Durs Grünbein The Unpoet

Durs Grünbein numbers among the most important German-language lyric poets and essayists, but he refers to himself as an “unpoet”.
Durs Grünbein numbers among the most important German-language lyric poets and essayists, but he refers to himself as an “unpoet”. | Foto: © picture alliance / Erwin Elsner

Durs Grünbein numbers among the most important German-language lyric poets and essayists. The Georg-Bücher prize winning author’s body of work refuses to submit to simple categorisation.

If Durs Grünbein’s genre as a writer were classified based on his body of work, he would have to be described as a multi-media artist. An essayist and translator who has worked on interdisciplinary projects with visual artists, Grünbein even records audiobooks of his own work. He refers to himself as an “unpoet”, perhaps because of the wide spectrum his creative output spans. And while he never limits himself to a single medium or genre, so far he has given the novel a wide berth. “For a long time, lyrical poetry was my way of rejecting the novel. Gaining time through brevity, coupled with a different sense of authority over reality.” Unpoet Grünbein is quite simply an artist who describes his world and enjoys employing poetic and other means.
Grünbein was born in Dresden in 1962, just one year after the construction of the Berlin Wall that sealed Germany’s fate as a divided country. After the wall fell on November 9, 1989, opening the border between the western Federal Republic of Germany and the eastern German Democratic Republic, Grünbein began travelling the world in what he describes as a phase of “almost hysterical travel in the interest of making up for lost time.” Later, he lived abroad for longer periods that took the award-winning lyrical poet and essayist to the USA as a guest of New York University’s German Department and as visiting scholar at the Villa Aurora artist residence in Los Angeles. During a ten-month fellowship, Grünbein also had the opportunity to work with artists from the fields of architecture, the visual arts, literature and music at the Deutsche Akademie’s cultural institution, the Villa Massimo in Rome. A Villa Massimo grant is one of Germany’s highest honours and recognises artists for exceptional work.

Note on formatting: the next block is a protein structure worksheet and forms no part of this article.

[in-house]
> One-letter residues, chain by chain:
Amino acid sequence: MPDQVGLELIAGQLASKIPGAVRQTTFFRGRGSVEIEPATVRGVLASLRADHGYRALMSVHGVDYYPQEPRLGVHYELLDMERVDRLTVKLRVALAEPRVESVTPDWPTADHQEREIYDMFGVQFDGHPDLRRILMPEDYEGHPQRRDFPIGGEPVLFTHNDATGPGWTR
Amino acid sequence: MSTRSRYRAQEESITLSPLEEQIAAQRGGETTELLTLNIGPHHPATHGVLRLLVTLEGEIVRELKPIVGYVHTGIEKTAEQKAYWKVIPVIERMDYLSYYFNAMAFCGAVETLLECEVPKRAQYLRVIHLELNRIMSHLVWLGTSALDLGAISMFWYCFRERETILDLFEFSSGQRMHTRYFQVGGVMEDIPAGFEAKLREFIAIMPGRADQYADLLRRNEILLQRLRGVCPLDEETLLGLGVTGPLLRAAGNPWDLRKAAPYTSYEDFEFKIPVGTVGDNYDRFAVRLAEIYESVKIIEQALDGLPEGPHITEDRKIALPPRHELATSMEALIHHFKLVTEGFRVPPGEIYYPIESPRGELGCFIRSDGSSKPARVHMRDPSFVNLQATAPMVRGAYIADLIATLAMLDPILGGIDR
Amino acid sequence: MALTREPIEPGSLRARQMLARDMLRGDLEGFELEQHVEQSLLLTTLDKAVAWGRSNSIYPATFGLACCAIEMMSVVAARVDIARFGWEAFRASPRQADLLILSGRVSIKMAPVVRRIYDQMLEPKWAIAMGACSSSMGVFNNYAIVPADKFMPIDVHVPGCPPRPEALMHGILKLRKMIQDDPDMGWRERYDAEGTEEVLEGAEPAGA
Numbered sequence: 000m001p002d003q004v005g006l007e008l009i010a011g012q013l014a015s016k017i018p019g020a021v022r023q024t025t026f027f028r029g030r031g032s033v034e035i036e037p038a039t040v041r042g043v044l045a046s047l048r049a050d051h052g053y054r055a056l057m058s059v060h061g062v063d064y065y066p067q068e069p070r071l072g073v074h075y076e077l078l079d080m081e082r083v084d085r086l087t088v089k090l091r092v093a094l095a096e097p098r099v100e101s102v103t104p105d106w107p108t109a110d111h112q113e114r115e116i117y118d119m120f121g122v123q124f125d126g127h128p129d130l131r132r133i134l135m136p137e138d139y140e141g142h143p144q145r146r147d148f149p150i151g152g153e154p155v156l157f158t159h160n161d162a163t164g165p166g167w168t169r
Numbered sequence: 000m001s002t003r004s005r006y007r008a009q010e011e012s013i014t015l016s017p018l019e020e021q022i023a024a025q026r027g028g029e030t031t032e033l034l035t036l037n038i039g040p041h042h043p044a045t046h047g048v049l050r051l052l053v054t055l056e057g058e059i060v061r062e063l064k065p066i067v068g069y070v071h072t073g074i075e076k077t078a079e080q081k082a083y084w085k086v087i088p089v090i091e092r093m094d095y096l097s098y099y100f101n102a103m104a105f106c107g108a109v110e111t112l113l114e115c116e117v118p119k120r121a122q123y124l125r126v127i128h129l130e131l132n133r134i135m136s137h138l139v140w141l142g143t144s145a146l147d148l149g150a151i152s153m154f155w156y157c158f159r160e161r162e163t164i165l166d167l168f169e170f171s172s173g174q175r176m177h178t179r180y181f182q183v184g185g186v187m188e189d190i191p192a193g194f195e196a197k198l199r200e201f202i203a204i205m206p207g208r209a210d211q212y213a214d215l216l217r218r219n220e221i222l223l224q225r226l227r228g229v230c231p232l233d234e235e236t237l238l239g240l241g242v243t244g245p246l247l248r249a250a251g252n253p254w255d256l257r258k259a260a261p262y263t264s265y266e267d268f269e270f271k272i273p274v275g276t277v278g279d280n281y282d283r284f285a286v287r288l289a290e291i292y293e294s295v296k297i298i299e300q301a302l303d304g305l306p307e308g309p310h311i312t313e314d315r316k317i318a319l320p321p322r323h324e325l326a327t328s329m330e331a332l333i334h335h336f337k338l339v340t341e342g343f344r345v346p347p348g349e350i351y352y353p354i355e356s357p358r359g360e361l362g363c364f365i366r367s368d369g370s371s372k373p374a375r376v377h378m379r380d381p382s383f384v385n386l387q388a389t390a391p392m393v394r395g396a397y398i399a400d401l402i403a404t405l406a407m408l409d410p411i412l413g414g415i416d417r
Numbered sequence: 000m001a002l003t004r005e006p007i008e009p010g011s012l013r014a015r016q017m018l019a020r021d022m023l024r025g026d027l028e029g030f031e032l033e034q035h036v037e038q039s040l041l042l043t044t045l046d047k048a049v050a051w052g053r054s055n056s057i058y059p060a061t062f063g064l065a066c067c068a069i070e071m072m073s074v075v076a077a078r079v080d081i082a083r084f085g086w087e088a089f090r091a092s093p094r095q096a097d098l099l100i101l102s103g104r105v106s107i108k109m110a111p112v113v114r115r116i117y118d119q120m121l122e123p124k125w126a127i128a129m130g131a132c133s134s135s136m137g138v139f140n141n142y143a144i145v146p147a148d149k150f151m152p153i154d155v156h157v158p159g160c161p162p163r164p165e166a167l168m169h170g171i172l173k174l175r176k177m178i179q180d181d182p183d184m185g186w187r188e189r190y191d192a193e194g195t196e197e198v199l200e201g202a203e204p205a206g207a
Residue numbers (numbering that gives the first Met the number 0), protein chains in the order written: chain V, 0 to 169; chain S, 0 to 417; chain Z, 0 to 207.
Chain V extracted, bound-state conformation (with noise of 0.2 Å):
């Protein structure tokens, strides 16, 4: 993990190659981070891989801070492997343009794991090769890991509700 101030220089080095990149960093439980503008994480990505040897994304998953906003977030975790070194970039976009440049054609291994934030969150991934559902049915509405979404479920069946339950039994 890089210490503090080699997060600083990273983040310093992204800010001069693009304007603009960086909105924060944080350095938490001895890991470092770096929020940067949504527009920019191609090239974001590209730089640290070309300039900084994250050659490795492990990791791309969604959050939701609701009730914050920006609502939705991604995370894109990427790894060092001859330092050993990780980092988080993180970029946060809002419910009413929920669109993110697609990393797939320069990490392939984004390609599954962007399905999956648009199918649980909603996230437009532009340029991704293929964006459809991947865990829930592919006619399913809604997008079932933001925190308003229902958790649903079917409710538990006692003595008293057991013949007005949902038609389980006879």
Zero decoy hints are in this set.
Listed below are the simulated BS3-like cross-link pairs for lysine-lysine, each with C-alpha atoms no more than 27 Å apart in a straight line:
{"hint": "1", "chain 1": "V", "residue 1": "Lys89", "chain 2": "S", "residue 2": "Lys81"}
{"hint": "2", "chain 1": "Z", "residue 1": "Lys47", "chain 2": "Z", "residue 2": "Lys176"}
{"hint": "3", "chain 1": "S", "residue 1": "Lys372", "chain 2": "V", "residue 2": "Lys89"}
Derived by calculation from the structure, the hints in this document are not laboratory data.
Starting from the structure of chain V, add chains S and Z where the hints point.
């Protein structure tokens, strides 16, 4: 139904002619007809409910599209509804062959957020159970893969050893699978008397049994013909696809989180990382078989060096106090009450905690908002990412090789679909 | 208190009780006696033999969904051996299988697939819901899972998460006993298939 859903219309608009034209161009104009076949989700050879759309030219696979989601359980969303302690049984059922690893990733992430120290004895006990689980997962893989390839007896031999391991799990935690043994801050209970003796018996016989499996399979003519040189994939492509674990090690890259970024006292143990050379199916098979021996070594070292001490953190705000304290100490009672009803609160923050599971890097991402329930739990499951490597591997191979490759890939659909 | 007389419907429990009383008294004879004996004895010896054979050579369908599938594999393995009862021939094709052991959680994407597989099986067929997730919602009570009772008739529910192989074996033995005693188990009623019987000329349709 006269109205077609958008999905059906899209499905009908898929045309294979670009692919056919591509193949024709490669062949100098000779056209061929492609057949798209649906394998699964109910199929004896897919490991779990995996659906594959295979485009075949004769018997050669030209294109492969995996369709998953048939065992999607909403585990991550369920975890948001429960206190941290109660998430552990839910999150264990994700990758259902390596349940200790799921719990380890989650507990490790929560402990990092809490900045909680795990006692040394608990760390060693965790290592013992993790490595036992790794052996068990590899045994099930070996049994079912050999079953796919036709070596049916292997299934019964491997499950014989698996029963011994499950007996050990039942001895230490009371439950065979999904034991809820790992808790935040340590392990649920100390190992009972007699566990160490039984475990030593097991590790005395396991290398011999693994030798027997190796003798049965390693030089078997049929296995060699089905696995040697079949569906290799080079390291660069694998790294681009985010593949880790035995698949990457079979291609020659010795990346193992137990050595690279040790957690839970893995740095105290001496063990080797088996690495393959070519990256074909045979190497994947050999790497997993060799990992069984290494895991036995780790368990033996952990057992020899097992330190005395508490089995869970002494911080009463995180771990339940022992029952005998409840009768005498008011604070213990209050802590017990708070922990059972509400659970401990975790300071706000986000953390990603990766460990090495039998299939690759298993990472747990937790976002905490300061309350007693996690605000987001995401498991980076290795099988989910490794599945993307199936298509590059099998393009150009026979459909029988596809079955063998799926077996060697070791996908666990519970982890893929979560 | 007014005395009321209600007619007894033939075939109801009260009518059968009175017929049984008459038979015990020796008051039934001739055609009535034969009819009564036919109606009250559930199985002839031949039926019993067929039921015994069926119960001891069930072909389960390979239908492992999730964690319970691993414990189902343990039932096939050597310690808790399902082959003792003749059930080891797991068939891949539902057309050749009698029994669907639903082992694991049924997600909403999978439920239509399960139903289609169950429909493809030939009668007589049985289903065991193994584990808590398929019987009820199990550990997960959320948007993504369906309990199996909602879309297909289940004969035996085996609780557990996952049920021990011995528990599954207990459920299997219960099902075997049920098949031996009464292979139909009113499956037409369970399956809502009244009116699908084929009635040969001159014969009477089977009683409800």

The spark turns over the motor

Zündkerzen (i.e. Sparkplugs) is a collection of 83 of Grünbein’s poems published in 2017. What is actually set in motion when the sparkplug emits the first spark that ignites combustion in a motor? What is the essence of the spark? Grünbein’s volume of poetry isn’t about theoretical ideas and doesn’t propose any concepts: sparkplugs are things, things to be described.
The poems in the collection are very flexible in meter and verse, appearing as sequences, prose poems, and sonnets. Overall Grünbein relies on traditional forms and rejects avant-garde games. The reader is not confounded by complex hermetic lines, and can relate to what moves the author: the past, transience, and ultimately reality. In “Dekolleté“, for example, he involves the past in a vivid warning: “Sometimes a collarbone,/ Falling into a pair of eyes – / Is enough to inflame pain/ Beyond all surrender and loss / In a human being’s life./ It reveals: the brevity,/ Peak season is almost over.”
This association of transience and remembering the past with the flare up of pain is a central theme in Grünbein’s Die Jahre im Zoo. Ein Kaleidoskop. (i.e. Years at the Zoo. A kaleidoscope.)

Authority over reality

While Grünbein has explained his preference for poetry over the novel as rooted in a feeling of authority over reality, his densely atmospheric work Die Jahre im Zoo, published in 2015, resembles an essayistic, autobiographic book infused with lyrical intervals. In it he describes his childhood and youth in the garden-city suburb of Hellerau just outside Dresden. At the start of the 20th century, the Garden City movement attracted people interested in reform who wanted to unify life and work, culture and education. But Grünbein’s 400-page memorial to Hellerau is ambivalent. He describes his childhood as a “Pandora’s box”, an “old tin full of earthworms:/Opened it releases the scent of childhood, of discontent.”
Yet regardless of how banal his childhood and uneventful his youth might have been, Grünbein’s memories oscillate between abhorrence for the past and a warm sense of security often associated with nostalgia: “Happiness is when memory grazes your temples/ like blades of grass.” Memories graze the author and perhaps the reader in the present, conserving happiness, at least for the moment.
Memoirs like Die Jahre im Zoo arouse a great deal of interest in uncertain times when the secure suddenly seems at risk. It sates a hunger for reality by bringing back the authentic as worth remembering. As a multi-media artist, Grünbein adds another level to his memories. In Die Jahre im Zoo, old photographs illustrate the text, as in the Koloss im Nebel (i.e. Colossus in the Fog) volume of poetry. This interdisciplinary trick helps him freeze his Hellerau in time, and he successfully creates a monumental description of the image of his hometown, almost as if he were describing a painting.
Grünbein uses the same method in exhibitions as well. Together with artist Via Lewandowsky, his mixed-media events bring the visual and literary arts together, where Lewandowsky provides the images and Grünbein the texts.

Durs Grünbein lives and writes in Rome. He was awarded the Georg Büchner Prize in 1995, and has been a professor of poetry at Kunstakademie Düsseldorf (Düsseldorf Art Academy) since 2005. In 2009, the Federal Republic of Germany honoured Grünbein with the Great Cross of Merit with Star.